The “law in books” is often not the same thing as the “law in action.” And in administrative law, the reason for that disjoint is often because some agency has decided to interpret, apply, or enforce the written law in a way that changes its on-the-ground meaning. In immigration law, the “law in books”—the Immigration and Nationality Act—takes a hard line on violators: it “specifies deportation as the sanction for nearly all transgressions of immigration law, no matter how minor, and regardless of the personal circumstances of the immigrant” (P. 3.) But when we look at how that law is applied, a different picture comes into view—“a system of shadow sanctions” (P. 4) that takes the place of deportation for vast numbers of noncitizens.
Shalini Bhargava Ray maps and critiques this “shadow”1 world of immigration law in an absorbing recent article, Immigration Law’s Arbitrariness Problem. In the article, Professor Ray sets out how the immigration bureaucracy stops, or indefinitely postpones, the issuance and execution of huge numbers of removal orders through the use of various administrative devices, including deferred action, administrative closure, and orders of supervision (P. 4.) She then explains the problematic feature of these discretionary tools as a rule-of-law matter: though these shadow sanctions mitigate the harshness of deportation, they are still doled out in an entirely opaque and often arbitrary way.
Ray’s article begins by describing a much-critiqued aspect of immigration law: that the punishment (deportation) often does not fit the crime. The INA imposes deportation as a blanket sanction for a slew of offenses that bear little in common—everything from overstaying a visa to engaging in terrorism (P. 6.) Immigration law’s formal lack of proportionality has elicited myriad calls for reform, but these have mostly fallen on deaf ears. Congress has not enacted statutory revisions to the INA that meaningfully distinguish between various types of deportable immigrants, and courts have rejected arguments that the Constitution requires removal orders to be proportional.
Given these dead ends, Ray turns instead to the executive branch and its extensive immigration bureaucracy as a “potential locus of proportionality” (P. 18.) The immigration bureaucracy, she explains, does more than simply deport. It also necessarily prioritizes some noncitizens for deportation, while using “discretionary tools of lenience” (P. 24) to defer or halt deportation against others. One of these tools (the DACA program) has drawn an overwhelming share of public attention and litigation in recent years. Yet other discretionary tools, though far more obscure, are nonetheless both ubiquitous and significant—among them, deferred enforced departure, extended voluntary departure, and a suite of reprieves that are granted in the course of removal proceedings, including administrative closure, stays of removal, and orders of supervision. Frequently, such reprieves are accompanied with “benefits such as work authorization” or, at times, “the ability to obtain a driver’s license” (P. 25.) Ray estimates that, taken collectively, these “shadow sanctions” mean that millions of deportable noncitizens have “received a punishment other than deportation”—a number that makes up a “sizeable share of the deportable population” (P. 35) presently in the United States.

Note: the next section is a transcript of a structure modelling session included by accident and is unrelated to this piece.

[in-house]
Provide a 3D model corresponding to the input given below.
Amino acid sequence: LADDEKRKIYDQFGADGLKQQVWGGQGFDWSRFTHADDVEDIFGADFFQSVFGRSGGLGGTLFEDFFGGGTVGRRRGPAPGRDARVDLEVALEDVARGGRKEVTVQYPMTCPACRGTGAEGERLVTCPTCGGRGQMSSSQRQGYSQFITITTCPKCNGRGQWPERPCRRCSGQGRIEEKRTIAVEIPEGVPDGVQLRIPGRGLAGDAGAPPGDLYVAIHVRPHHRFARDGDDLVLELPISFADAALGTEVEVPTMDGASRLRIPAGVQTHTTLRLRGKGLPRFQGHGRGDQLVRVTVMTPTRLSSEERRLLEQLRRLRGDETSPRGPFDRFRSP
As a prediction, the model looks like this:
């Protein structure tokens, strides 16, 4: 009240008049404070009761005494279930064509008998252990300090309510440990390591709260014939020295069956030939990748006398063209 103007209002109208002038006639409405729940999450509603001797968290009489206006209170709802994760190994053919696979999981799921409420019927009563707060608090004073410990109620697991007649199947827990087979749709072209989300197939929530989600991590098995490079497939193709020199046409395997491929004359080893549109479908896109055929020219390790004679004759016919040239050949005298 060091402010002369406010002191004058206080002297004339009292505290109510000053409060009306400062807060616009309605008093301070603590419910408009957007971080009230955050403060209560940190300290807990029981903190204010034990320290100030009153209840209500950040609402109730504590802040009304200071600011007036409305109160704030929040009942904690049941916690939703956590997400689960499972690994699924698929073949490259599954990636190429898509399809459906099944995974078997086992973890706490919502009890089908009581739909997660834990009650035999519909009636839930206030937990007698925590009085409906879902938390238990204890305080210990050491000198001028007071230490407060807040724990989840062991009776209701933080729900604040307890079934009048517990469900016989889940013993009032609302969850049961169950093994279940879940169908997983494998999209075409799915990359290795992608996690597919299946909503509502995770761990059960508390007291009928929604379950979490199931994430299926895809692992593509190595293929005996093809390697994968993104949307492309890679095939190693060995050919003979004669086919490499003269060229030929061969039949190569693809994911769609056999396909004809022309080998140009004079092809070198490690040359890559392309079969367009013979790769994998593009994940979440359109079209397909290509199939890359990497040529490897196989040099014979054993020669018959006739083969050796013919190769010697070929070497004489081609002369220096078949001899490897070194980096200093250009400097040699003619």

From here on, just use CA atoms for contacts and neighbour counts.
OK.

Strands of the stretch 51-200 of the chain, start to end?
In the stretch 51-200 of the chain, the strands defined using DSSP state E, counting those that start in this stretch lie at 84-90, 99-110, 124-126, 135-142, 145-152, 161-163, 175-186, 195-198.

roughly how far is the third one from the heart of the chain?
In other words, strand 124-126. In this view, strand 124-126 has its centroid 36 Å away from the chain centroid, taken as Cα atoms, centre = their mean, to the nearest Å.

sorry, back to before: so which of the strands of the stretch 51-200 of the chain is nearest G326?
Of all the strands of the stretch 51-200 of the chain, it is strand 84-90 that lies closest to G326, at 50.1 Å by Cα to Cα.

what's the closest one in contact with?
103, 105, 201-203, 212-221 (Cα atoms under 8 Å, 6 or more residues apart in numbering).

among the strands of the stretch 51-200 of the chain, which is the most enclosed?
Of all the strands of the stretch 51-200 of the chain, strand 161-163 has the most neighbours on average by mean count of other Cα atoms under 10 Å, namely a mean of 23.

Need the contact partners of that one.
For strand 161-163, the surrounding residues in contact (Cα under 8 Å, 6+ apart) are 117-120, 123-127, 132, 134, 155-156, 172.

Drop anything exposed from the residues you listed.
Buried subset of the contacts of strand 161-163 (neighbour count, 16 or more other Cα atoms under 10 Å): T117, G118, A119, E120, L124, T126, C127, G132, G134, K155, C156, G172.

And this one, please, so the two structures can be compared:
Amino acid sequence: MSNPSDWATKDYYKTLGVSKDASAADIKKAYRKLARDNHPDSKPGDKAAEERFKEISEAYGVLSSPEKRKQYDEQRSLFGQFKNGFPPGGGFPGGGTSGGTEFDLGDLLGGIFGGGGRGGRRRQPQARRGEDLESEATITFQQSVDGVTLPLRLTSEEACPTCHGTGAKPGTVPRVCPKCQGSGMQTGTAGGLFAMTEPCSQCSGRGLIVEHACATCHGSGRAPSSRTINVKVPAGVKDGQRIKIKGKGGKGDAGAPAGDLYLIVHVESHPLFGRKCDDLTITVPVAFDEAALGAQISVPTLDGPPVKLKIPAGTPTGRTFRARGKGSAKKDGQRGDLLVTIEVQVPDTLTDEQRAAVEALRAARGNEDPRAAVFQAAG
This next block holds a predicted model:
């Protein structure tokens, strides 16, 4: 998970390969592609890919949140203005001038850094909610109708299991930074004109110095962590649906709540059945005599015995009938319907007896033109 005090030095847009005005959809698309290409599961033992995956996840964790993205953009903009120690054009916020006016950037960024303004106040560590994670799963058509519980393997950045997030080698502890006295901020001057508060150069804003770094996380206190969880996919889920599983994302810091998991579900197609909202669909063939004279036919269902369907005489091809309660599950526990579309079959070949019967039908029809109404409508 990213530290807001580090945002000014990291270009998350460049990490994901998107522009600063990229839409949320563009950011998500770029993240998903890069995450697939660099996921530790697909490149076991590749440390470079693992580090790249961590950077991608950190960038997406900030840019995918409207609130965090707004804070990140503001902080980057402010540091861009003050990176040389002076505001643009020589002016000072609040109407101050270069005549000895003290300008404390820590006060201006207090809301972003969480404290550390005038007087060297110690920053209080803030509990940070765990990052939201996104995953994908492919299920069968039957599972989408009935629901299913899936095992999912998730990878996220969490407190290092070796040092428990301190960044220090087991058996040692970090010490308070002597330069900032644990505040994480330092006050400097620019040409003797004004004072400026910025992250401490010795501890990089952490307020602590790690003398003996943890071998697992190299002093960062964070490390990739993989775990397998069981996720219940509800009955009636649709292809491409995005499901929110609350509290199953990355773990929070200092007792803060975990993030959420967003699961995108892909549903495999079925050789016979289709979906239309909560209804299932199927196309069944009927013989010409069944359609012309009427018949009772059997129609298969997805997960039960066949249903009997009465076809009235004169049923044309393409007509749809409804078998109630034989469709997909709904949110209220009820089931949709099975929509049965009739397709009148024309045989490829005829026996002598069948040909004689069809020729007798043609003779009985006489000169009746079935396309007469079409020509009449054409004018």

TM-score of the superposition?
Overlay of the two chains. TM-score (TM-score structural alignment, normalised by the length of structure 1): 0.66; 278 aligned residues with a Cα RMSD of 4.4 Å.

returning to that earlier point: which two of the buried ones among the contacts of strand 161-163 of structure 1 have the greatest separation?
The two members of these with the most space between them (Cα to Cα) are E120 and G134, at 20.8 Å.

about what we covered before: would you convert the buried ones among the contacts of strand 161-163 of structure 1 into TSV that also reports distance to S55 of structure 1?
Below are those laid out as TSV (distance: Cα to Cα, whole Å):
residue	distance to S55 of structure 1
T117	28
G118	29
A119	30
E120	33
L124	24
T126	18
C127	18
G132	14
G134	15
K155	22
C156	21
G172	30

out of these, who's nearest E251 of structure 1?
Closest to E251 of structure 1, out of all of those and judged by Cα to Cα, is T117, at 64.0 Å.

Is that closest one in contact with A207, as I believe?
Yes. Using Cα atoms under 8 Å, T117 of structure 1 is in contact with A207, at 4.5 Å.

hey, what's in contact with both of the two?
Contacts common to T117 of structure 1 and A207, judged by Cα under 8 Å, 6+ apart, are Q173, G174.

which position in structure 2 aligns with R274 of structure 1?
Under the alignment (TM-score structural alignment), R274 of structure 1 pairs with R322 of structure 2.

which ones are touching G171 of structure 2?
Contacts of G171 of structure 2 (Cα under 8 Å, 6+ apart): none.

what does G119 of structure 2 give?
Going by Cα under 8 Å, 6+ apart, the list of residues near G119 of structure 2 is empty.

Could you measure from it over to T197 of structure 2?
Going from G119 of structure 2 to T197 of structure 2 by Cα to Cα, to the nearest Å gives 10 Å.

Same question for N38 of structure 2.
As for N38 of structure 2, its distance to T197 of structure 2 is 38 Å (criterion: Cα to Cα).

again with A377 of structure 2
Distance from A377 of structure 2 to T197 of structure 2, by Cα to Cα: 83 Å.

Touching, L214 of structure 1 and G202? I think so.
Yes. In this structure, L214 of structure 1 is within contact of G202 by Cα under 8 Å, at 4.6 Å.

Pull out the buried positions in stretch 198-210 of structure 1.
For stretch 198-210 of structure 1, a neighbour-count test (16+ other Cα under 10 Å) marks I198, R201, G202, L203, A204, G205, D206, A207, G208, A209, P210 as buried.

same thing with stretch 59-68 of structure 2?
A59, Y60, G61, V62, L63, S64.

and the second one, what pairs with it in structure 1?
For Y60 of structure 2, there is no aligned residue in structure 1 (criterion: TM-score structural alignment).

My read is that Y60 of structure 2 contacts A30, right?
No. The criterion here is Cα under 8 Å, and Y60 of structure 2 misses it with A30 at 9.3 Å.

Ray then turns to critique this regime on rule-of-law grounds. This system of shadow sanctions appropriately leavens the harshness of the INA’s scheme, she contends, but it does so in an arbitrary fashion. Noncitizens often lack lawyers, and therefore frequently do not know to ask for deferred action, orders of supervision, or other discretionary reprieves. Moreover, agency policy for granting some of these shadow sanctions “remains internal” to the agency and is not publicly available (P. 37.) Ray urges the immigration bureaucracy to become more transparent and consistent in its use of shadow sanctions, as well as to “create opportunities for reason-giving, to promote line-officers’ and adjudicators’ ability to draw meaningful distinctions among removable immigrants” (P. 48.) Once that foundation for public reason-giving is built, she contends, public scrutiny will follow (P. 51.) Drawing lessons from European law, she concludes that “even in the absence of a legal right to lenience, deportable noncitizens are entitled, under proportionality, to a fair procedure, more than a cursory analysis of their interests, and more than a conclusory decision” (Pp. 53-54.)
In this era of whiplash and litigation concerning immigration law’s enforcement priorities, the vast, uneven, and ill-understood system of sanctions and lenience examined by Ray will continue to play a major role, whether the public knows about it or not. Immigration law’s system of shadow sanctions, she shows, is both inevitable and imperfect—but the tools of administrative law may fruitfully be harnessed to improve it. In seeking to narrow the gap between immigration law and ordinary administrative law, Ray’s exploration and critique of these discretionary tools of immigration enforcement places a much-needed spotlight on the immigration bureaucracy’s own “shadow dockets.”
- Immigration law, it seems, is full of shadows. Jennifer Lee Koh used the term “shadow removals” to encompass removal proceedings that occur outside of immigration courts through summary proceedings at the border and elsewhere—a phenomenon that Shobha Sivaprasad Wadhia has called “speed deportation.”